Most hospitals don't have royalty on staff, but then Ganta (Liberia) United Methodist Hospital is not like most hospitals.
Rocked and ravaged by years of war, the battle-scarred hospital was founded by two Methodist missionaries in 1926.
Ester Deline became "Queen of Ganta United Methodist Hospital" on July 31, 2010.
Deline was the top fundraiser for the hospital and the prize was a crown and title. She credits her win to contributions from her seven children and many friends among the staff and patients at the hospital.
There are no signs Deline will give up her crown anytime soon.
Her day job is the warehouse assistant for the hospital, a job with much responsibility. She catalogs everything that comes into the hospital - from purple scrubs, to pink baby sheets, to heavy equipment like the air conditioner sitting in front of her desk.
She keeps detailed ledgers, carefully printing everything that comes into or goes out of the hospital. Many of the boxed items are donations from United Methodists around the globe.
"It's a tough job … whew," she says.
But in addition to her heavy responsibilities in the warehouse she is also the face and voice for the hospital. She comes to work every day dressed for spur-of-the-moment royal visits. Even on a Saturday she looks exquisite, from her brown, ruffled hat to her black pumps.
"I serve as public relations. As queen, they carry me out for ceremonies, marriages, deaths, all kinds of things. I speak on behalf of the hospital."
Patients wait in the eye clinic at Ganta United Methodist Hospital.
Ganta is a hospital that needs all the good will it can get.
Despite a red mud road that makes traveling to the center a long tedious journey, the medical center cares for more than 450,000, including patients from the surrounding countries of Guinea and Côte d'Ivoire. It is a hospital that was literally a battlefield during the long years of civil war in Liberia. It is riddled with bullet holes and other scars as proof of its troubled history.
War devastated the hospital, said United Methodist Bishop John Innis of Liberia. "They practically broke down the main hospital, and we became hopeless."
Charles Taylor, 22nd president of Liberia, led a group to overthrow then-President Samuel Doe. That action initiated the first Liberian Civil War from 1989 to '96. The second civil war was from 1999 to 2003.
The hospital became the base for Taylor and his people, Innis said. "It was like a battlefield, a real battlefield. But God kept eyes on the hospital. In 2005, the United Methodist Liberian Conference voted to build a new hospital that would receive patients from all over Africa."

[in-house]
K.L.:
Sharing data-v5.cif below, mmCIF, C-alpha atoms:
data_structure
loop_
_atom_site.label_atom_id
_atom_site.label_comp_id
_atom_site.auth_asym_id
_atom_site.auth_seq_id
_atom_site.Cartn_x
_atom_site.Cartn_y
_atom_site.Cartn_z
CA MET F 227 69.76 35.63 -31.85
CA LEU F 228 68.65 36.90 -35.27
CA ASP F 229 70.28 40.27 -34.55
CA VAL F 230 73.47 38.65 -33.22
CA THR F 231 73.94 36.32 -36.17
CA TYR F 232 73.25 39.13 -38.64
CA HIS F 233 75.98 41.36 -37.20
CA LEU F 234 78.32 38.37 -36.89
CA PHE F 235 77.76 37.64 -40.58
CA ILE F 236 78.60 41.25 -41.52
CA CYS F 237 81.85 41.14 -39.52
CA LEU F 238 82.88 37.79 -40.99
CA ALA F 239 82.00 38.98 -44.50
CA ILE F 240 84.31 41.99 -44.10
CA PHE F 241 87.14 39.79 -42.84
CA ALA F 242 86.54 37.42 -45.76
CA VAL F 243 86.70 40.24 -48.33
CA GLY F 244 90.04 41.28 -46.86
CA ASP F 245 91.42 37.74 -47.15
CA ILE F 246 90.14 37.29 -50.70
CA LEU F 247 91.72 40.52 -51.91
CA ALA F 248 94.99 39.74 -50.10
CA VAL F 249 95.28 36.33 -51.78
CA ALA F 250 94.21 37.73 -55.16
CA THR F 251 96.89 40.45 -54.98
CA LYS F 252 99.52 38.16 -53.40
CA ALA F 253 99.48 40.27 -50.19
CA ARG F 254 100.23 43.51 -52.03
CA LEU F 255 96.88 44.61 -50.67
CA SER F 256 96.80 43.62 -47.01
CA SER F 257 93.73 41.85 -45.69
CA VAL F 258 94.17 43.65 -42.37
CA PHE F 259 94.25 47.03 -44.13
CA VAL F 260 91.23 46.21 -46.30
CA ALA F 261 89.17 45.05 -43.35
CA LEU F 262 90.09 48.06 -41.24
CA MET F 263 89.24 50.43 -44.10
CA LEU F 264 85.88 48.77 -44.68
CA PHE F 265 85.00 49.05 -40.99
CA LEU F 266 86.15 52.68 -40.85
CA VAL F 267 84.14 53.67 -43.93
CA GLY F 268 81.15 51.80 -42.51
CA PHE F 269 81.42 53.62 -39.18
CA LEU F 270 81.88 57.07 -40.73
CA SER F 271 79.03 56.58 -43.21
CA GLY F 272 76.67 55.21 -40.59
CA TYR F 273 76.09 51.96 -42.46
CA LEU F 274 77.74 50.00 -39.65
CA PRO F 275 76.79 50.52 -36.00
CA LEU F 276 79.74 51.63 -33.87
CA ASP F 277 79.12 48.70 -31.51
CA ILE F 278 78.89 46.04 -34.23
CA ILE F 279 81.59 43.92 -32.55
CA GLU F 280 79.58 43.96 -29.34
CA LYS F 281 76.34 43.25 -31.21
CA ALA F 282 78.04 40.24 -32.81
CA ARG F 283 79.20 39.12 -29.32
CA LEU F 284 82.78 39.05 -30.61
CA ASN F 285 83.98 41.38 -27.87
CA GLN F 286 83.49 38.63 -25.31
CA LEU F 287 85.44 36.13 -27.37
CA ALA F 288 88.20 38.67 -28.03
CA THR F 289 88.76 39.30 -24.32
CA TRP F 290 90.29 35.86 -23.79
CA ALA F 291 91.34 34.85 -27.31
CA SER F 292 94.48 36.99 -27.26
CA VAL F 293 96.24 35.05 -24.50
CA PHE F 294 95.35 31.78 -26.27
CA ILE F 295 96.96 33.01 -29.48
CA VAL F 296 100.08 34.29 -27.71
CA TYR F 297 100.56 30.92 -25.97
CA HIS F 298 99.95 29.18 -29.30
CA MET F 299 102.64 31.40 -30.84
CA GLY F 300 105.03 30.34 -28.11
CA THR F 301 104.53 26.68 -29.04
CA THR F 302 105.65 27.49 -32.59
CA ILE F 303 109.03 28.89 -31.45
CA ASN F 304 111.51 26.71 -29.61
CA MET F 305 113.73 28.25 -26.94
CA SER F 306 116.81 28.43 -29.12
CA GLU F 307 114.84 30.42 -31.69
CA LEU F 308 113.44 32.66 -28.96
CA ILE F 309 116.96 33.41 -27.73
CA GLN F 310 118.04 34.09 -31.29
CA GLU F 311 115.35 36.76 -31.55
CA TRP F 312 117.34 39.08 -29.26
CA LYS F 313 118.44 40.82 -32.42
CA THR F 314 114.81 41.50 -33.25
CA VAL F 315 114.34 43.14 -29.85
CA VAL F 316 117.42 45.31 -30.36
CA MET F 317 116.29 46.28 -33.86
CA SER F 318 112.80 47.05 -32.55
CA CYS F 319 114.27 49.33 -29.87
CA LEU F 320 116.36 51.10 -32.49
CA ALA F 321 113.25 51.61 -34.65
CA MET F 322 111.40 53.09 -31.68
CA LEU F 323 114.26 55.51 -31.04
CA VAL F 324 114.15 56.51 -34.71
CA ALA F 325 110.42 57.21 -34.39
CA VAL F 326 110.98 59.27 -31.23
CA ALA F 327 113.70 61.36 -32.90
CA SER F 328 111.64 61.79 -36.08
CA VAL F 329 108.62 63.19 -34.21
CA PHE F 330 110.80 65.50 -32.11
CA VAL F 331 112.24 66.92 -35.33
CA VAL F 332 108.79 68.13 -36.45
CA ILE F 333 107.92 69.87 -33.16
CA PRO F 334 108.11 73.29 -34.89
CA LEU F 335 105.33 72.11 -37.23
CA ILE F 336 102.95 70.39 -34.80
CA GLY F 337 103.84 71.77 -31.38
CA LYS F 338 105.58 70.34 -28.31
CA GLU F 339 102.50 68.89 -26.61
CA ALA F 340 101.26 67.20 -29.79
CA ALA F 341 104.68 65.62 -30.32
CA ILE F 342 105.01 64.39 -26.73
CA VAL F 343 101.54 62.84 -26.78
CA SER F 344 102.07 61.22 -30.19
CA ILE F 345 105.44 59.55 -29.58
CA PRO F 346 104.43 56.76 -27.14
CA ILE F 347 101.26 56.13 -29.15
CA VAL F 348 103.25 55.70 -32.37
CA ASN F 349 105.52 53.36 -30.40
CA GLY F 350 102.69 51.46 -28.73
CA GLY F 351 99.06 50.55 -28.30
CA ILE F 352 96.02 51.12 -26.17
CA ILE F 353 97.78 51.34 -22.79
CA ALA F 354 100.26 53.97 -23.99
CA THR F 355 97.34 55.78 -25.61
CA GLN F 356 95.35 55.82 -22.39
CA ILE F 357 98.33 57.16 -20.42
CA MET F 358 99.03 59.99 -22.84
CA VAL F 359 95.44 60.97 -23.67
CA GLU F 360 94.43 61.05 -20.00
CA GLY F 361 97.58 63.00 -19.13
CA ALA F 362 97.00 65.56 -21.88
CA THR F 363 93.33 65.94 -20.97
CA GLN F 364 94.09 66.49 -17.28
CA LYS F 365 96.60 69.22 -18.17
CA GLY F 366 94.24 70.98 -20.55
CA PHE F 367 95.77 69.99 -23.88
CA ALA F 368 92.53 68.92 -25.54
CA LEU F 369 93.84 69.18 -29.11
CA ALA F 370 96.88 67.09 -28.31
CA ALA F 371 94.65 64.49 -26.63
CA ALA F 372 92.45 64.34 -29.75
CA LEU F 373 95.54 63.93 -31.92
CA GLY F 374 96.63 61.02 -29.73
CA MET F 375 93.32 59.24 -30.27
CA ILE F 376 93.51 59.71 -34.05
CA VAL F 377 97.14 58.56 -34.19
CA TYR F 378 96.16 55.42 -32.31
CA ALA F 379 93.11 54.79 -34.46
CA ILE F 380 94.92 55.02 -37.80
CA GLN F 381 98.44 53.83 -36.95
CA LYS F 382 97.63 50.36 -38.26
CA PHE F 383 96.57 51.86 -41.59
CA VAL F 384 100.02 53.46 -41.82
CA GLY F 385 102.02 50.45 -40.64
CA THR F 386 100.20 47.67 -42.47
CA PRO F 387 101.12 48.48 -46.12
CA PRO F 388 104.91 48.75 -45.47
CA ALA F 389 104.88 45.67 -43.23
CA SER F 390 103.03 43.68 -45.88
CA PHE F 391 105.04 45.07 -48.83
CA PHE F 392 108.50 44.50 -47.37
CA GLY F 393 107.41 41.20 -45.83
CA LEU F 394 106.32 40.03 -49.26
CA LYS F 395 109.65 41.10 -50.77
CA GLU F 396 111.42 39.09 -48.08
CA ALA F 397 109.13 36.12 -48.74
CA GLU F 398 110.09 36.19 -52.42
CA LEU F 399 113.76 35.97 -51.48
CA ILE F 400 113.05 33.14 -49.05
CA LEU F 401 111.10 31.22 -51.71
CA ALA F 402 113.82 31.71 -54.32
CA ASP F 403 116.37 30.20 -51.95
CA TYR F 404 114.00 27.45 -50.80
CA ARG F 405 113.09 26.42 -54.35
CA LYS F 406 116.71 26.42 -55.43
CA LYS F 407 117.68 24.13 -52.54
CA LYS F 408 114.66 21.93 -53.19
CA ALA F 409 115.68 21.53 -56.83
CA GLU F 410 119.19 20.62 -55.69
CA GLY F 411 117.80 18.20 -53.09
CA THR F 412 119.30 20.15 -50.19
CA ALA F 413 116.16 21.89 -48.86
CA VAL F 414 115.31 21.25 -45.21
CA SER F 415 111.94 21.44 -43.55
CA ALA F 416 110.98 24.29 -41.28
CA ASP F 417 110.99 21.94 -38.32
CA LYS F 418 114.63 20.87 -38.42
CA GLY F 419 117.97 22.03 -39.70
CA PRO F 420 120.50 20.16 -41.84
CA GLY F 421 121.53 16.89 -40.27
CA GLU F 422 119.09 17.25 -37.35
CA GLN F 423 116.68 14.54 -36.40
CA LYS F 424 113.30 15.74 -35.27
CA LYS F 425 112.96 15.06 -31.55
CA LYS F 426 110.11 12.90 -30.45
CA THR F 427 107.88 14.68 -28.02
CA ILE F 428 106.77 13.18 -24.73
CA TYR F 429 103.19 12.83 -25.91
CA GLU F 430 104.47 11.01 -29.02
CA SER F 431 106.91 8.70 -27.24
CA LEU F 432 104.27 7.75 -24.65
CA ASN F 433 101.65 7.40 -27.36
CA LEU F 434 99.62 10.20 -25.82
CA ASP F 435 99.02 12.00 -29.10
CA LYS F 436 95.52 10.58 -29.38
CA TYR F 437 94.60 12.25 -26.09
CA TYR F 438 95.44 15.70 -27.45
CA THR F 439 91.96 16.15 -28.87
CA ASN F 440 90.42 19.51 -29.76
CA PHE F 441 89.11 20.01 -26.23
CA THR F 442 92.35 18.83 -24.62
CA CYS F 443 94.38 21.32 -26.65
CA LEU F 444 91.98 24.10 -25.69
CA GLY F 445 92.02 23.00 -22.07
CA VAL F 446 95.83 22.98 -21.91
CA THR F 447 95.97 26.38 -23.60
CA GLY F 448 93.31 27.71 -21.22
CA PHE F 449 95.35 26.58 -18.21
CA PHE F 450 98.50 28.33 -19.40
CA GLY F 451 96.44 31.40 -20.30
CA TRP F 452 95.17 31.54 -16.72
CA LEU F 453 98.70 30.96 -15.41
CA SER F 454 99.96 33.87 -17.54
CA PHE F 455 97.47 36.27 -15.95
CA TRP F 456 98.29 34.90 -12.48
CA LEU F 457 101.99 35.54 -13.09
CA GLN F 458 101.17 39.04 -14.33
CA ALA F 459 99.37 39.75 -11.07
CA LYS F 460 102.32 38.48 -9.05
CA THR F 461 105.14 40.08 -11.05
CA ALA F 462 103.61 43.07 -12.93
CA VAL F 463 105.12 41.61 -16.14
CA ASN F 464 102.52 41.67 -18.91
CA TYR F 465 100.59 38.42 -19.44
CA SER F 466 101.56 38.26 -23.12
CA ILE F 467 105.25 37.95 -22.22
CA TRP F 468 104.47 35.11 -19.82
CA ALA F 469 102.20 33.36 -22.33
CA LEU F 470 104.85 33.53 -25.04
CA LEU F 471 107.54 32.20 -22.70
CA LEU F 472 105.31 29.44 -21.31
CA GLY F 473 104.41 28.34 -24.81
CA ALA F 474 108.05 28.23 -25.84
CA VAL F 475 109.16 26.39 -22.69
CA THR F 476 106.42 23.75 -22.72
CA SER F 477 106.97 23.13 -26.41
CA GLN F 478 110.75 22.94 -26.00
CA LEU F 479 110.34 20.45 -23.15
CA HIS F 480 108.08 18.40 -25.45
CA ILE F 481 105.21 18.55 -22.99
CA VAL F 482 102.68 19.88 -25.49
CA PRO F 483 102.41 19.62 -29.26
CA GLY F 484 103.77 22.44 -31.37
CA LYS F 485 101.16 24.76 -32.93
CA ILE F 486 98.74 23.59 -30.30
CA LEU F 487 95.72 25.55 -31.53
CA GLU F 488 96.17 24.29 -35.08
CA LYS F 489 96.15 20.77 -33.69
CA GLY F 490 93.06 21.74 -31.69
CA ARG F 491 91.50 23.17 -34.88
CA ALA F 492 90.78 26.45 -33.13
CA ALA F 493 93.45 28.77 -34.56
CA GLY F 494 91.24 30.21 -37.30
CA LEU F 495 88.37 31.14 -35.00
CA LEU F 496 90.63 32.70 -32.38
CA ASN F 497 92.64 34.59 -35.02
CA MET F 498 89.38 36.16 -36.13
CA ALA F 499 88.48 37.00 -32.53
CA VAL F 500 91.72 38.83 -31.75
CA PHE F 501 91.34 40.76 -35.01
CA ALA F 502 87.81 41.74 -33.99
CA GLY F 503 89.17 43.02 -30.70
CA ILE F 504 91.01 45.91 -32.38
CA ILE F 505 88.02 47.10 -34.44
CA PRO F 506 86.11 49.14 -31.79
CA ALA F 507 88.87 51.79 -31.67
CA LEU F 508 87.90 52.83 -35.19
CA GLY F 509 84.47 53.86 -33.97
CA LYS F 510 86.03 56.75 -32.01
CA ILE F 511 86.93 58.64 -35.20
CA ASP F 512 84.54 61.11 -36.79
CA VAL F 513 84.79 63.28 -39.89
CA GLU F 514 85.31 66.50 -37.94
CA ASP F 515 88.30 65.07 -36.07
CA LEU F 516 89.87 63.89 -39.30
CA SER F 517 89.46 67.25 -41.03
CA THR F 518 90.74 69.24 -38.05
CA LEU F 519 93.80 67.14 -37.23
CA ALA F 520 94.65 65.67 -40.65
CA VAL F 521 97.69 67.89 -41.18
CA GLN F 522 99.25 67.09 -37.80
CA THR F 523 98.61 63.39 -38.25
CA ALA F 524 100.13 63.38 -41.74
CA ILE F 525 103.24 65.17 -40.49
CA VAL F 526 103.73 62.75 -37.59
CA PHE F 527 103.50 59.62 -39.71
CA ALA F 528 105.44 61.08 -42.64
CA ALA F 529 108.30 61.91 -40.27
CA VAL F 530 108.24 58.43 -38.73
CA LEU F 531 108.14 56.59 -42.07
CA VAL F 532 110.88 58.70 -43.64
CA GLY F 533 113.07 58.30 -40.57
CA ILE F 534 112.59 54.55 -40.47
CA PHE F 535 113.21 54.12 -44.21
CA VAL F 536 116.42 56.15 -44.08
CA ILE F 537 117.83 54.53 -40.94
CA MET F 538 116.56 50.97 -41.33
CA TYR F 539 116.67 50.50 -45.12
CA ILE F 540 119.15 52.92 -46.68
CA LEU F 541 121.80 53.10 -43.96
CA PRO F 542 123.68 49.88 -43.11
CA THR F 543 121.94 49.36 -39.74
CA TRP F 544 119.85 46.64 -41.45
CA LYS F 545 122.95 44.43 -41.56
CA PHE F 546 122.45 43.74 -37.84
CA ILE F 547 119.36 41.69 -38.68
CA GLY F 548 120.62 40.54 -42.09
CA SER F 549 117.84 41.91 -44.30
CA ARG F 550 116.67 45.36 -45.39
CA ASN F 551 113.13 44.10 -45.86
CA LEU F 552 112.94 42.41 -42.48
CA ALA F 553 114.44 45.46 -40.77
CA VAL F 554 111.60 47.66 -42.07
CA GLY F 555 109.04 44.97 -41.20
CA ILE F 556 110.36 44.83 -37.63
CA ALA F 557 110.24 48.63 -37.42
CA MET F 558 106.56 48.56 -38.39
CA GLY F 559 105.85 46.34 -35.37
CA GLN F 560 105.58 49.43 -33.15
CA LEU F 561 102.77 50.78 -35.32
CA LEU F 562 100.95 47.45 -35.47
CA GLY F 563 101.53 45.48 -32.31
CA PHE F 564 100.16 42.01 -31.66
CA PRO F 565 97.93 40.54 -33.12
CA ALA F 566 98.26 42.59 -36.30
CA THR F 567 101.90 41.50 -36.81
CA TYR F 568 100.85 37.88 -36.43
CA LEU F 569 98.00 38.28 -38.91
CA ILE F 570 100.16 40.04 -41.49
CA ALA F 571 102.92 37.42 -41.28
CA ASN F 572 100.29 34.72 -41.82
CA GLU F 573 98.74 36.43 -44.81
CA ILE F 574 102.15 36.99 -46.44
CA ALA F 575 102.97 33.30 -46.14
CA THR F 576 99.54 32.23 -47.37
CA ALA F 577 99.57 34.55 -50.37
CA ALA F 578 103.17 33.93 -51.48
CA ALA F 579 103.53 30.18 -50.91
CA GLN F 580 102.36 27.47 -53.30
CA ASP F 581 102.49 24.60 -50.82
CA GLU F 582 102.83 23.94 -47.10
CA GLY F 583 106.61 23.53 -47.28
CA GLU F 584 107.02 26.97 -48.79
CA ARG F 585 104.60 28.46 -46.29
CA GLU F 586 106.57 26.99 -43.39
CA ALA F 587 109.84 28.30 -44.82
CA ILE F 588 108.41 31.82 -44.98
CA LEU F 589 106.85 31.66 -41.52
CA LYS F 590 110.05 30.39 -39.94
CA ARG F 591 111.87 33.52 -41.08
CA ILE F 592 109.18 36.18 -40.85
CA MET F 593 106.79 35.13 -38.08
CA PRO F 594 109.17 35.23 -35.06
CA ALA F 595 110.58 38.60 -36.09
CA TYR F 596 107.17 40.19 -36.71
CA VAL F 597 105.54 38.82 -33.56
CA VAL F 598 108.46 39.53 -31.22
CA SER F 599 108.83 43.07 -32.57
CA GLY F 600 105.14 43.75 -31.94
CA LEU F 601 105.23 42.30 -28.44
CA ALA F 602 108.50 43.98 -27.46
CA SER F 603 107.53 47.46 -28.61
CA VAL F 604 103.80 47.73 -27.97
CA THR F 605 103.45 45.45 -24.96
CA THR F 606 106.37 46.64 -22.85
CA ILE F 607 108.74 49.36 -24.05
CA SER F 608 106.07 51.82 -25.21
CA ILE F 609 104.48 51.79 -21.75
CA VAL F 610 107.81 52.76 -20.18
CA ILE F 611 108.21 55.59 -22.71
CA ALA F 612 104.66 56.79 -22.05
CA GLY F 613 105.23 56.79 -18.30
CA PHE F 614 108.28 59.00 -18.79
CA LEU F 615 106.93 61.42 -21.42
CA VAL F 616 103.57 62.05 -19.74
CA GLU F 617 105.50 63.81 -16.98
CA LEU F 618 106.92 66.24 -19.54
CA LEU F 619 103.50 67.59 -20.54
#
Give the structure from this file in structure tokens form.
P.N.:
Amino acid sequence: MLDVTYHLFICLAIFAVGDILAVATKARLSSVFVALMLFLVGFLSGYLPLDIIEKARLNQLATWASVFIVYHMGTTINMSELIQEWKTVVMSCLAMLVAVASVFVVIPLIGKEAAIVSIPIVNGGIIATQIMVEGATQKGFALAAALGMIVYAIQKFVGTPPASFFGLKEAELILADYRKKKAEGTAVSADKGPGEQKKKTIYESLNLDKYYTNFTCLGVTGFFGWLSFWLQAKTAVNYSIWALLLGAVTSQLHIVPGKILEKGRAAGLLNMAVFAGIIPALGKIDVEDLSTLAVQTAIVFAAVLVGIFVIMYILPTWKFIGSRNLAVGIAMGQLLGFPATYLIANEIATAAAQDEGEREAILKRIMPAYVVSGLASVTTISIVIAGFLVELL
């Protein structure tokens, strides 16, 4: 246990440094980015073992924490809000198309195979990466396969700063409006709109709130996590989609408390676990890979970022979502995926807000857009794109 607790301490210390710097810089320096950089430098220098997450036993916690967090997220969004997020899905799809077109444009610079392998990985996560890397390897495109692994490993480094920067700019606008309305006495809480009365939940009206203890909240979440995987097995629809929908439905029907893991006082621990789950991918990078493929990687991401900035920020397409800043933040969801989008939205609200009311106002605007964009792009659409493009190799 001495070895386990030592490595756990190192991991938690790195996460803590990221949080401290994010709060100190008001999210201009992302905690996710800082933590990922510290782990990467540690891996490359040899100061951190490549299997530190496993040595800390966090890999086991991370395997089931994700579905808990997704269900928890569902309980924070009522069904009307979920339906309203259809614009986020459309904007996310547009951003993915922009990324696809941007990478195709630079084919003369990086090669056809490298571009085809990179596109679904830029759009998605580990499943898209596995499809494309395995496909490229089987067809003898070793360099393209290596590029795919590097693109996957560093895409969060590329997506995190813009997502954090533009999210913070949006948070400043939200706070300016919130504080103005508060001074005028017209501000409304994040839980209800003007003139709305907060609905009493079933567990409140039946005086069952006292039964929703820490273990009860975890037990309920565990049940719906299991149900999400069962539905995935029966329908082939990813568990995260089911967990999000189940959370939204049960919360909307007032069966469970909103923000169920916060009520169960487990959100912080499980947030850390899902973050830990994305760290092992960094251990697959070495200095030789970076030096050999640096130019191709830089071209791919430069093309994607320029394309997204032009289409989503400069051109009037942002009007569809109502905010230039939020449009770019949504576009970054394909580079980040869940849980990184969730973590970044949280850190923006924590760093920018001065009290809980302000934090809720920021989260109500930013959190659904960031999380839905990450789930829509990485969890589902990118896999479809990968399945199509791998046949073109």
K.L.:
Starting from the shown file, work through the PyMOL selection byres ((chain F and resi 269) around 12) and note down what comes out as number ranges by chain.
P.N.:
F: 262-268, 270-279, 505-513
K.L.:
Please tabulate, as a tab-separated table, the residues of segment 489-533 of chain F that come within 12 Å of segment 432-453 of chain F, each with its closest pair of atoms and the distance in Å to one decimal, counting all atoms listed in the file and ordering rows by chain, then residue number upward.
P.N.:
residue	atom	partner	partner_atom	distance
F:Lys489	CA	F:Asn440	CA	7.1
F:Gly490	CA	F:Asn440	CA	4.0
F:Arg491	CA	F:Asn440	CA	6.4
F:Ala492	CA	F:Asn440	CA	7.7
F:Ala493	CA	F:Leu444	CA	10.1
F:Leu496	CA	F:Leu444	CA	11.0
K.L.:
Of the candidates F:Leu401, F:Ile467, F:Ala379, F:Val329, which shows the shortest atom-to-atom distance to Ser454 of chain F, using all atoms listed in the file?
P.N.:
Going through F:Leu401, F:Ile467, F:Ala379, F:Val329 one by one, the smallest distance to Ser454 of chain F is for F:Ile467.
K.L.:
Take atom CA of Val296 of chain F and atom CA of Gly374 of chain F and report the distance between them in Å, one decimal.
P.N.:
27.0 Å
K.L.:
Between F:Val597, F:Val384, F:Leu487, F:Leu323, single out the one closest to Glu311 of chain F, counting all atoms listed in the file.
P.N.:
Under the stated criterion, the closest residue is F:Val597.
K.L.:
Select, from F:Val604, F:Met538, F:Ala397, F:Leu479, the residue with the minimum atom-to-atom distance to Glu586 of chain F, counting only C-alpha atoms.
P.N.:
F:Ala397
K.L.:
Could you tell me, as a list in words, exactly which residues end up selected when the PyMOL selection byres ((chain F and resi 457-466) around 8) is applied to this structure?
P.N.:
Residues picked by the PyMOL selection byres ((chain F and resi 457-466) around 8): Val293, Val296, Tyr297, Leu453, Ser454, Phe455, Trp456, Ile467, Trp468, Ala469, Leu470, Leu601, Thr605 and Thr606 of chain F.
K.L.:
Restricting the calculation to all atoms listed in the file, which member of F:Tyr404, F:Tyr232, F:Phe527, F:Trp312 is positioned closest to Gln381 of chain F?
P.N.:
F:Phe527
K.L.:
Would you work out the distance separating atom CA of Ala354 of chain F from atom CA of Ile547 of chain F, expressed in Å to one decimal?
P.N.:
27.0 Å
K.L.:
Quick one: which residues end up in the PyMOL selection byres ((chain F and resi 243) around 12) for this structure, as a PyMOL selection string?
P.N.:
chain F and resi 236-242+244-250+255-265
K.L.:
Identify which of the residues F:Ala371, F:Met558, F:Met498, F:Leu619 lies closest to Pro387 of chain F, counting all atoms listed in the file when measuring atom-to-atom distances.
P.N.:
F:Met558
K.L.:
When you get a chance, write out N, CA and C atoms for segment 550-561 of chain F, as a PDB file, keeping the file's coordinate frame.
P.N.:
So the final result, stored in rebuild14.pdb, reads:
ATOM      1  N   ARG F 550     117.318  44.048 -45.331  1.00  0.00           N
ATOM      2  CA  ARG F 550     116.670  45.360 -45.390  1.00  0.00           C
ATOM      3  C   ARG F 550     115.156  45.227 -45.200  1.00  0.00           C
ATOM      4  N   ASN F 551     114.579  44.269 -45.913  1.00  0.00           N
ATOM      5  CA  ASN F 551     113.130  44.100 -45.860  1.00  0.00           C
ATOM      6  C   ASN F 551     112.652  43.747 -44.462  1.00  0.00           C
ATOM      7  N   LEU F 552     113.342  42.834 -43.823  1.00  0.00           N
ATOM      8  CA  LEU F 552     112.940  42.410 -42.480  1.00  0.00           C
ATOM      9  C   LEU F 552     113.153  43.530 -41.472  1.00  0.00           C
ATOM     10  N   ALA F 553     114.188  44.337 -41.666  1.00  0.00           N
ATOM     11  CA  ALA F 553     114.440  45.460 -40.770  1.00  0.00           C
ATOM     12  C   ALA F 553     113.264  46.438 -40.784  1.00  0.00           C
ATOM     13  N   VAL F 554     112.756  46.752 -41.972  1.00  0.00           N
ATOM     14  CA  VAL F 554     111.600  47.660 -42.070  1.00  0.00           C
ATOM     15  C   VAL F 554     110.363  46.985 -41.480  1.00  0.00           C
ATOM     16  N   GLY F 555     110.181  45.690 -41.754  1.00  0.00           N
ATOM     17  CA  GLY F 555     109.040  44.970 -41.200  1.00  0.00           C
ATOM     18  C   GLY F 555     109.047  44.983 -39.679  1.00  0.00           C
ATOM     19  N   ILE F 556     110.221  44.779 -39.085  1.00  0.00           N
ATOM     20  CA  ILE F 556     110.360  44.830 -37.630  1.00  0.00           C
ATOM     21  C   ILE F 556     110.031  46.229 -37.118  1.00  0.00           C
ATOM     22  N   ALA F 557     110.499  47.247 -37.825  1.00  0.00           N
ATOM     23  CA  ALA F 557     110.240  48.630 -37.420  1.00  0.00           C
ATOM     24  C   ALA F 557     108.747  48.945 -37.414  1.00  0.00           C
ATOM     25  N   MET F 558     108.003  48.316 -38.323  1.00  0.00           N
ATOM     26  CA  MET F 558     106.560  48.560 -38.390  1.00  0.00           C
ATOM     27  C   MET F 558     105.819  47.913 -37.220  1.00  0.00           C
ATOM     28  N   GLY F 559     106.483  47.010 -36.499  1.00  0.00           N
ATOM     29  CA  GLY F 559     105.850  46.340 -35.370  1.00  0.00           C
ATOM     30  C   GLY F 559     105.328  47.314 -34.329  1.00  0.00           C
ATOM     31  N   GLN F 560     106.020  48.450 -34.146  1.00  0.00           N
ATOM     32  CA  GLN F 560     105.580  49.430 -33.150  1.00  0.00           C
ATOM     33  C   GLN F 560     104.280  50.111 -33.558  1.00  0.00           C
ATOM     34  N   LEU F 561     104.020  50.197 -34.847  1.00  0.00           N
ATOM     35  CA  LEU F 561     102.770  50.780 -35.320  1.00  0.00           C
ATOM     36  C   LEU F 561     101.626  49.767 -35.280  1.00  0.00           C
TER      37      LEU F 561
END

Dr. Albert Willicore, chief medical officer of Ganta hospital, was in Liberia during the days of the civil war.
"The whole place was devastated because there was a seesaw era between the government troops and the rebellious troops," said Willicore. "So this place was dilapidated, everything down. Most of the equipment in the operating theater was bullet-ridden so that we did not do very involved surgery that would need sophisticated equipment."
Even today the hospital doesn't have running water or reliable electricity. Generators are turned on when there is surgery or during emergencies, he said.
"The church has operated a hospital in Ganta that has met a very critical need of the people of this country as well as in adjoining countries," President Ellen Johnson Sirleaf said in a recent interview with the United Methodist Liberian Conference. The goal to build a new hospital is most welcome, she said.
"We ask all the partners of the church, domestic as well as international, to come and work with The United Methodist Church to achieve this very, very needed goal.
"This hospital provides healing for thousands, thousands of people here and around. And so with a new hospital all their lives will be made whole. They will be happy people."
Ganta (Liberia) United Methodist Hospital was founded by two Methodist missionaries in 1926.
Deline was hired at the hospital Dec. 1, 2008. She clearly loves her job and the hospital and works to raise awareness and funds for its repair.
"The population is increasing, patients are increasing and our hospital is full," she said. "Our dream is to build a new hospital."
The war took a personal toll on Deline. She and her father and children fled to Guinea. Her husband and mother stayed, and both were burned to death in a church rebels set on fire.
One of her sons, who was 5, died when they were in exile because she couldn't get him to a hospital.
She said it took her a long time to come back to Liberia. Her days are much happier now.
"Being queen is very important," she said. "Since I became queen, everyone loves and respects me."
*Gilbert is a multimedia reporter for the young adult content team at United Methodist Communications, Nashville, Tenn.
News media contact: Kathy L. Gilbert, Nashville, Tenn., (615) 742-5470 or email@example.com.